Lockhart’s Ramsay to debut new album


Charley Ramsay is an artist and songwriter with a life-long passion for pop, soft rock, alternative indie and storytelling. He grew up in the Texas Hill Country area, where he first discovered his penchant for writing songs that are personal and easy to relate to. 

His start in music came about when he played the role of Captain von Trapp in the San Marcos High School musical production of “Sound of Music.” During this performance, he was seen holding a guitar but didn’t know how to play it. He decided to enroll in classical guitar lessons during his freshman year in college.

While Ramsay reportedly still struggles with barre chords, his musical style enables him to invent new approaches to songwriting and accompaniment that reflects his own personality. He uses these limitations to explore a less conventional guitar playing style using open tunings, unconventional chord progressions, arpeggios and country-blues bass lines.

After making music and playing shows in and around Austin with life-long friends for a decade, Ramsay made his solo foray releasing his debut album “Dear Jane” in 1993. Despite the many changes that have happened in the music industry since then, these songs still stand out for their immediacy and timeless aesthetics. 

Recently, Ramsay announced a new self-titled album, which is set to release on Feb. 16, at Lockhart Arts & Craft. The doors open at 7 p.m. and the show begins at 8 p.m. This long-awaited record marks an important milestone for the singer-songwriter, being the first release since his 2008 album “Catalyst.”

With 16 years of experience under his belt since his latest releases, and a few co-writing credits on songs that appeared on TV shows, such as “Veronica Mars,” Ramsay is back with even more fervent motivation to create music that matters. The newest album places a profound emphasis on the concept of time, going beyond the mere passage of days. It serves as a poignant reminder that life is not merely an accumulation of moments but a varied fabric of experiences that contribute to the uniqueness of our individual journeys.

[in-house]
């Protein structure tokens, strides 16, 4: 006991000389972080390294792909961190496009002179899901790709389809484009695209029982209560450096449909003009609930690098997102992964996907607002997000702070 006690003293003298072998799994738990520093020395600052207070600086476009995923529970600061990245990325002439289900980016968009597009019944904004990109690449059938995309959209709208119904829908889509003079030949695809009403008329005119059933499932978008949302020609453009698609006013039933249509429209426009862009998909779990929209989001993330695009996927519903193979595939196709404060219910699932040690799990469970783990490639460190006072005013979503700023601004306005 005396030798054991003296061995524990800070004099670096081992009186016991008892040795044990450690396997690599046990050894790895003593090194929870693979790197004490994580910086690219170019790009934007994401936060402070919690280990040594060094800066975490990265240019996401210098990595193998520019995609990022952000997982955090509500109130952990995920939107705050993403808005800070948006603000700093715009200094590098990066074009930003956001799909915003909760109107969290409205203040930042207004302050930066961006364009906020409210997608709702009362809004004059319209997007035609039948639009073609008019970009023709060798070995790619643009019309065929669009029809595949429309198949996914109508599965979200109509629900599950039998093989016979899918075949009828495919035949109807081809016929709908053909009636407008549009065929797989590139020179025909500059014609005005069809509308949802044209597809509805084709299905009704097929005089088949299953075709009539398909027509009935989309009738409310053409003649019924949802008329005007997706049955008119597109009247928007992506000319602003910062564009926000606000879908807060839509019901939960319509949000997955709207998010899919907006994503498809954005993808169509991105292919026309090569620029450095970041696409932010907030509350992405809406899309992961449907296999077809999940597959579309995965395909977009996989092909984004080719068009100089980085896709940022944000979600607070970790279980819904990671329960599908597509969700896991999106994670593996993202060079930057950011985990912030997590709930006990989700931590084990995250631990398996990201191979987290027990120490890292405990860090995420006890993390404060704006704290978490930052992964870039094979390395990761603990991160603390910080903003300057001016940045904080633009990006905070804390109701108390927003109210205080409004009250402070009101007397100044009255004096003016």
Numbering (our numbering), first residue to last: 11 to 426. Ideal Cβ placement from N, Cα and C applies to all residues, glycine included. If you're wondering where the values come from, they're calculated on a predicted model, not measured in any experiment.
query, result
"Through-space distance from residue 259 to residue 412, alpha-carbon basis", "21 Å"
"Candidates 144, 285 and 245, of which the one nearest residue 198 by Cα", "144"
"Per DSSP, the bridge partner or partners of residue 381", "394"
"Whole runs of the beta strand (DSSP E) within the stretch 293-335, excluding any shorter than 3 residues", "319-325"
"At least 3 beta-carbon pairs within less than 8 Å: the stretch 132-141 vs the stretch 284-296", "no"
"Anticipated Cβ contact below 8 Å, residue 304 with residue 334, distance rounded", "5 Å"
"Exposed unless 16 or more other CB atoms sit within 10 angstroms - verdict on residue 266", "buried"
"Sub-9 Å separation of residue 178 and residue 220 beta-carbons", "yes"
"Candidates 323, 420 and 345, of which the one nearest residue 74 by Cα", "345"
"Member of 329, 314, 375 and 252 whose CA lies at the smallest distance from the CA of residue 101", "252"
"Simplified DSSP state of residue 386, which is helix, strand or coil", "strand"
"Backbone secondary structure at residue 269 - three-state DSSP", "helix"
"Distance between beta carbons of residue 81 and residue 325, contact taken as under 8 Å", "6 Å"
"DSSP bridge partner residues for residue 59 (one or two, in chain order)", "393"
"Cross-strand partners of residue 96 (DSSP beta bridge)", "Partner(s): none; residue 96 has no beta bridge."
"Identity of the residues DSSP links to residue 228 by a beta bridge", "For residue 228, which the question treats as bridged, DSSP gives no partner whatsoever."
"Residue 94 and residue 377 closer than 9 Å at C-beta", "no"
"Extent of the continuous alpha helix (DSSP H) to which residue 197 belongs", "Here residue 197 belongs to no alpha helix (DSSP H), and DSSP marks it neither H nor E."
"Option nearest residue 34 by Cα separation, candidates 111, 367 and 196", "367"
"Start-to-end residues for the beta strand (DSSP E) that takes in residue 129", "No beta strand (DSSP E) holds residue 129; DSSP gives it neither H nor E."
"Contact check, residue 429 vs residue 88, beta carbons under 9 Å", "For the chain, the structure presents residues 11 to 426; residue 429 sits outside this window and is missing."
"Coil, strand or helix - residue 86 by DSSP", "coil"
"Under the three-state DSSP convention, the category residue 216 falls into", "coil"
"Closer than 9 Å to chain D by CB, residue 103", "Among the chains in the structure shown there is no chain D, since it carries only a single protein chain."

This full-length album invites listeners to reflect on the essence of our lives as a whole, highlighting the importance of cherishing and celebrating the diverse array of events that shape our paths. 

By emphasizing the significance of these moments, the music on this album encourages an appreciation for the depth and richness found in the subtleties of our personal narratives. The songs on this release perfectly tie in with the concept. The track “Bide Your Time” explores the healing process of letting go, while “Dirt Floor Camelot” humorously captures the joy of downsizing and embracing a simpler life, in a time when everyone is seemingly looking for more. 

“Lockhart, Ours” reflects on the artist’s connection to the small town he proudly calls home. This is a sweet song, with a hint of nostalgia, and a lot of heart.

“Helicopter and Horses” is another touching song, which draws from a poignant moment in Afghanistan, dedicated to simply “Jack.” 

“Peace, Salam, Shalom” is a heartfelt song about personal loss, encompassing a plea for unity and a call for peace. This track is incredibly relevant in light of what is happening in the world today, as we know.

“When You Come Home” is an unwavering supportive ode to family, with some distinctive Scottish undertones that make it all more distinctive. 

“Let The Day Begin” (By The Call) adds to the album’s overarching sentiment and aforementioned concept, offering a fresh perspective on life from others’ viewpoints. It is not always easy to remember that we are just one of many people who are trying to get by. While we might view our life from the “main character” seat, we might be nothing but extras in someone else’s story. 

“Who Wants To Live Forever” is inspired by a conference on anti-aging, and it sparks deep reflection on the meaning of living and people’s fear of death. The song suggests that the true value of life might not lie in its longevity, but precisely the opposite. Knowing that our time here is limited, we might have an impetus to make the absolute best of it.

“Another Perfect Day” captures the tranquility of a relaxing weekend, something we often take for granted, and fail to cherish for what it is. 

Last but not least, “Norman Rockwell” (lyrics by Rob Thomas) reflects on giving up music, exploring the complexities of the artist’s musical journey during the late 80s, when the song was written.

Ramsay’s music is refreshingly bare-bones, his songs are meaningful and immediate. For those who appreciate artists like Wilco, Damien Rice, Francis Moon, R.E.M., or Fleetwood Mac, Ramsay’s music is highly recommended.

Find out more and listen at https://linktr.ee/charleyramsay.


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